Self-triggered stabilization of continuous stochastic state-feedback controlled systems2013In: 2013 European Control Conference, ECC 2013, 2013, p. 1151-1155Conference paper (Refereed)
    Abstract [en]

    Event-triggered and self-triggered control, in which the time of update to the controls is based on either current or outdated sampled data, have recently been employed to reduce the computational load or resource consumption for distributed real-time control systems. In this work, we propose a self-triggered scheme for nonlinear controlled stochastic differential equations with additive noise terms. A self-triggering update condition is derived that guarantees stability in the p-th moment of the state distribution. We show that the length of the times between controller updates as computed from the proposed scheme is strictly positive and provide examples.

  • 335. Anderson, R. P.
    et al.
    Milutinović, D.
    Dimarogonas, Dimos V.
    KTH, School of Electrical Engineering (EES), Automatic Control.
    Self-triggered sampling for second-moment stability of state-feedback controlled SDE systems2015In: Automatica, ISSN 0005-1098, E-ISSN 1873-2836, Vol. 54, p. 8-15Article in journal (Refereed)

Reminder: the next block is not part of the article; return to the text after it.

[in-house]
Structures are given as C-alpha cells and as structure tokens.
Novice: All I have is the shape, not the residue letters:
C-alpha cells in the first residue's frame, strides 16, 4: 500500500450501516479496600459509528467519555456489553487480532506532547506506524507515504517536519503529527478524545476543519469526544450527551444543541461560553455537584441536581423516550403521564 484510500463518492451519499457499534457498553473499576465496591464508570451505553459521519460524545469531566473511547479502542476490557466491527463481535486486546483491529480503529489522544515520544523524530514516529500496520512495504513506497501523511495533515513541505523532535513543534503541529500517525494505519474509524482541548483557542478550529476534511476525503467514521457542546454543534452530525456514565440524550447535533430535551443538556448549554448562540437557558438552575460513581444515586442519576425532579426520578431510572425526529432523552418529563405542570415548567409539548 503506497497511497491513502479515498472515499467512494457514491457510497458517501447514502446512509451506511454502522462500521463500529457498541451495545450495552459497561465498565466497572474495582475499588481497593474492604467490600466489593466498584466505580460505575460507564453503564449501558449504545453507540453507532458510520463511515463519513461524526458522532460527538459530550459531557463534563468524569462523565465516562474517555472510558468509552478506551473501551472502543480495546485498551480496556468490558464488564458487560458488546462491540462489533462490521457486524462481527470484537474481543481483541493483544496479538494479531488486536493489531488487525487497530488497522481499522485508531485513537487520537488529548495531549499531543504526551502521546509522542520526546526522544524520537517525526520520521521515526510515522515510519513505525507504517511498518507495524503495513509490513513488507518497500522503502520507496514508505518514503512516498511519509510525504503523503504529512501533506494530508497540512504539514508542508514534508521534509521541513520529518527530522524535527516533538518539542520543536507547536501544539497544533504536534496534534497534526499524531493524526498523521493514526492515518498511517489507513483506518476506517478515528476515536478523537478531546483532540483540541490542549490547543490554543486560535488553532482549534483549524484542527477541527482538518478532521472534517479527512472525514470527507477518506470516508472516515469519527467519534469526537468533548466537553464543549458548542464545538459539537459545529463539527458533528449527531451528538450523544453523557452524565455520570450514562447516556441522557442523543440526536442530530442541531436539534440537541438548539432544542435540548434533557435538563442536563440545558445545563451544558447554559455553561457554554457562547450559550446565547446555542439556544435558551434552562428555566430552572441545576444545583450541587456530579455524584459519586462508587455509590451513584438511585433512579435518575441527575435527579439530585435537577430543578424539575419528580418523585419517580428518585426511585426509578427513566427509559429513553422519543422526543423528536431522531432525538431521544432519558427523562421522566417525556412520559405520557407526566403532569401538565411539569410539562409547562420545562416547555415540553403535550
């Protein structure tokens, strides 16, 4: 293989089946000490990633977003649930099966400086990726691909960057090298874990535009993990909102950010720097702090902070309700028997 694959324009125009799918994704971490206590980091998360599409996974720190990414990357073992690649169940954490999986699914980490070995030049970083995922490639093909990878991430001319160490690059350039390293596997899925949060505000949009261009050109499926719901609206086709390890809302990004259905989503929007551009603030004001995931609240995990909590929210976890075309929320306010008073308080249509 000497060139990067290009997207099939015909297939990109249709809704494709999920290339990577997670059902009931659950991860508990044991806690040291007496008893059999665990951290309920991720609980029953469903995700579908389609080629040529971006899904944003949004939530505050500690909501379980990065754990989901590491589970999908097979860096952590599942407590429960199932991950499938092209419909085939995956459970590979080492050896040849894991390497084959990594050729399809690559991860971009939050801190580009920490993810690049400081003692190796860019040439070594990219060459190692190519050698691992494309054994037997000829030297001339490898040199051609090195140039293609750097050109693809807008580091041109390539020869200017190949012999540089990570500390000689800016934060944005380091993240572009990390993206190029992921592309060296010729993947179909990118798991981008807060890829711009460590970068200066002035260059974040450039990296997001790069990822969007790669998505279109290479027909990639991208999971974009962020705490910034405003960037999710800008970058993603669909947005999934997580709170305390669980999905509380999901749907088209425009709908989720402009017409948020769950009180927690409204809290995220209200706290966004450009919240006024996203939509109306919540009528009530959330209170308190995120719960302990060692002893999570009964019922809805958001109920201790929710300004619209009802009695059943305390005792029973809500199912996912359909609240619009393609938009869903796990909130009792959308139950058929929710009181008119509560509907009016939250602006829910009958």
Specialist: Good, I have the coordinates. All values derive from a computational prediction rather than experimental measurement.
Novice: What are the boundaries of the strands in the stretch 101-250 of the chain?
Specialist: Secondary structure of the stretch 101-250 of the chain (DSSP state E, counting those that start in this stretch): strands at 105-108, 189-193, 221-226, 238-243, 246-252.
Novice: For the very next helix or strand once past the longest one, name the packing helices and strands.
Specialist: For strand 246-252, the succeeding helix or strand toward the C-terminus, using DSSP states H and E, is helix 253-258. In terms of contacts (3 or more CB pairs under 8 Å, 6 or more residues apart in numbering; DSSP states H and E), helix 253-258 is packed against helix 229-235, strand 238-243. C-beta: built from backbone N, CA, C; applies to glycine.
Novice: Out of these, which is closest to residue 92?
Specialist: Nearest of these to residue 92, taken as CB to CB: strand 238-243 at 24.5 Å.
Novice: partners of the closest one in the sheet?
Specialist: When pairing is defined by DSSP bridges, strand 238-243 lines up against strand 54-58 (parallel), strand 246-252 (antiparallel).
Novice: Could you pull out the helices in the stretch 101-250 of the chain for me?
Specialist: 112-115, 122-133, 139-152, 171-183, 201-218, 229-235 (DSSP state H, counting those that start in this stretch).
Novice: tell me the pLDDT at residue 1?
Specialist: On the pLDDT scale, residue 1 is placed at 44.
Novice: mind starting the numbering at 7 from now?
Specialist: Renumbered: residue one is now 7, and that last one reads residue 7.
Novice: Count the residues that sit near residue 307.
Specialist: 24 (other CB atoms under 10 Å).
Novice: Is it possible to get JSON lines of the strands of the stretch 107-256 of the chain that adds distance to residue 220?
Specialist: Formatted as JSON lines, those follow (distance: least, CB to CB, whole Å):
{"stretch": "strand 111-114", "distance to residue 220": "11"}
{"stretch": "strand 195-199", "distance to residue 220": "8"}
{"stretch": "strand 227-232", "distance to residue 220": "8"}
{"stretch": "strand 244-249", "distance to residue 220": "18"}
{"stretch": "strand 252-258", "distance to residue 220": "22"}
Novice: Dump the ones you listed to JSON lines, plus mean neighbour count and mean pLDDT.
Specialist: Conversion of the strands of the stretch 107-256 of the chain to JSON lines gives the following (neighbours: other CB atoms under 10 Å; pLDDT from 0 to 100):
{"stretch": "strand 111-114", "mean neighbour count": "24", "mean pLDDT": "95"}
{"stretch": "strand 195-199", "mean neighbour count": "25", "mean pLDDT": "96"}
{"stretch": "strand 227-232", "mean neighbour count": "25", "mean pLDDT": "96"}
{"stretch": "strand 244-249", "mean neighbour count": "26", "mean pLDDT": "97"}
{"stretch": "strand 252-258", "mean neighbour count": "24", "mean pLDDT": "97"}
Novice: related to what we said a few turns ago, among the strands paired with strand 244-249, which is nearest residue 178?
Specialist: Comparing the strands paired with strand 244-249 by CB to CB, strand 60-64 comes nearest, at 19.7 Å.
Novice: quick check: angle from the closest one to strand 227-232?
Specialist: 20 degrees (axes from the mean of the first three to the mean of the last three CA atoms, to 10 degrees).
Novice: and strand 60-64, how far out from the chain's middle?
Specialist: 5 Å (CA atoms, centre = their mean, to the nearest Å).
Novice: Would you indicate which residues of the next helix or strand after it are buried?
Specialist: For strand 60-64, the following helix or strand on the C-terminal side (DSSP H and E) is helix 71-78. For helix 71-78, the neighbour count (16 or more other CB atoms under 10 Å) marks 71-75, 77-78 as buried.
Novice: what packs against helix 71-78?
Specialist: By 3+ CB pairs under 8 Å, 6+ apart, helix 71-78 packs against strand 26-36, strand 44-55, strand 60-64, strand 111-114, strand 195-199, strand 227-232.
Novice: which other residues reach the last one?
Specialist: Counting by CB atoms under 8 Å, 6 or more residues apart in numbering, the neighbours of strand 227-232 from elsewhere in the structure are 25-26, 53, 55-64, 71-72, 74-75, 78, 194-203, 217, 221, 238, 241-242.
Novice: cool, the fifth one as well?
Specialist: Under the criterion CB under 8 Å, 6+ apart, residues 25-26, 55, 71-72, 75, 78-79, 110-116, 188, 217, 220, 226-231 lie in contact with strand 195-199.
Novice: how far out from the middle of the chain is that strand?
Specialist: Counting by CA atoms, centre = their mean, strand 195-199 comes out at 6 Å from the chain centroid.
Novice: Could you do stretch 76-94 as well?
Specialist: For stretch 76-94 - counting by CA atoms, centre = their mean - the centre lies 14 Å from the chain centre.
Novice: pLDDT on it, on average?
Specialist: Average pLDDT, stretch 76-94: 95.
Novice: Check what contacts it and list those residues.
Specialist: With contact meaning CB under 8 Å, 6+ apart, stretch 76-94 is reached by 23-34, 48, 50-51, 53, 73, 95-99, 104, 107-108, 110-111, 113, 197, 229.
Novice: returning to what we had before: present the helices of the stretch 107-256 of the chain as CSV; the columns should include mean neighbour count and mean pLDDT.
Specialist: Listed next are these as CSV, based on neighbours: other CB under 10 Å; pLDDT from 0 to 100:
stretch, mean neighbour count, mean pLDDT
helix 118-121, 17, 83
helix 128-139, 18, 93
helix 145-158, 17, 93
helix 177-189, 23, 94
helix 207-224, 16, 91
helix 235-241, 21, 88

Abstract [en]

    Event-triggered and self-triggered control, whereby the times for controller updates are computed from sampled data, have recently been shown to reduce the computational load or increase task periods for real-time embedded control systems. In this work, we propose a self-triggered scheme for nonlinear controlled stochastic differential equations with additive noise terms. We find that the family of trajectories generated by these processes demands a departure from the standard deterministic approach to event- and self-triggering, and, for that reason, we use the statistics of the sampled-data system to derive a self-triggering update condition that guarantees second-moment stability. We show that the length of the times between controller updates as computed from the proposed scheme is strictly positive and provide related examples.

  • 336.
    Anderson, Taurug
    KTH, School of Electrical Engineering (EES), Fusion Plasma Physics.
    Iterative Learning Control model for a Resistive Wall Mode Active Controller2013Independent thesis Advanced level (degree of Master (Two Years)), 20 credits / 30 HE creditsStudent thesis
    Abstract [en]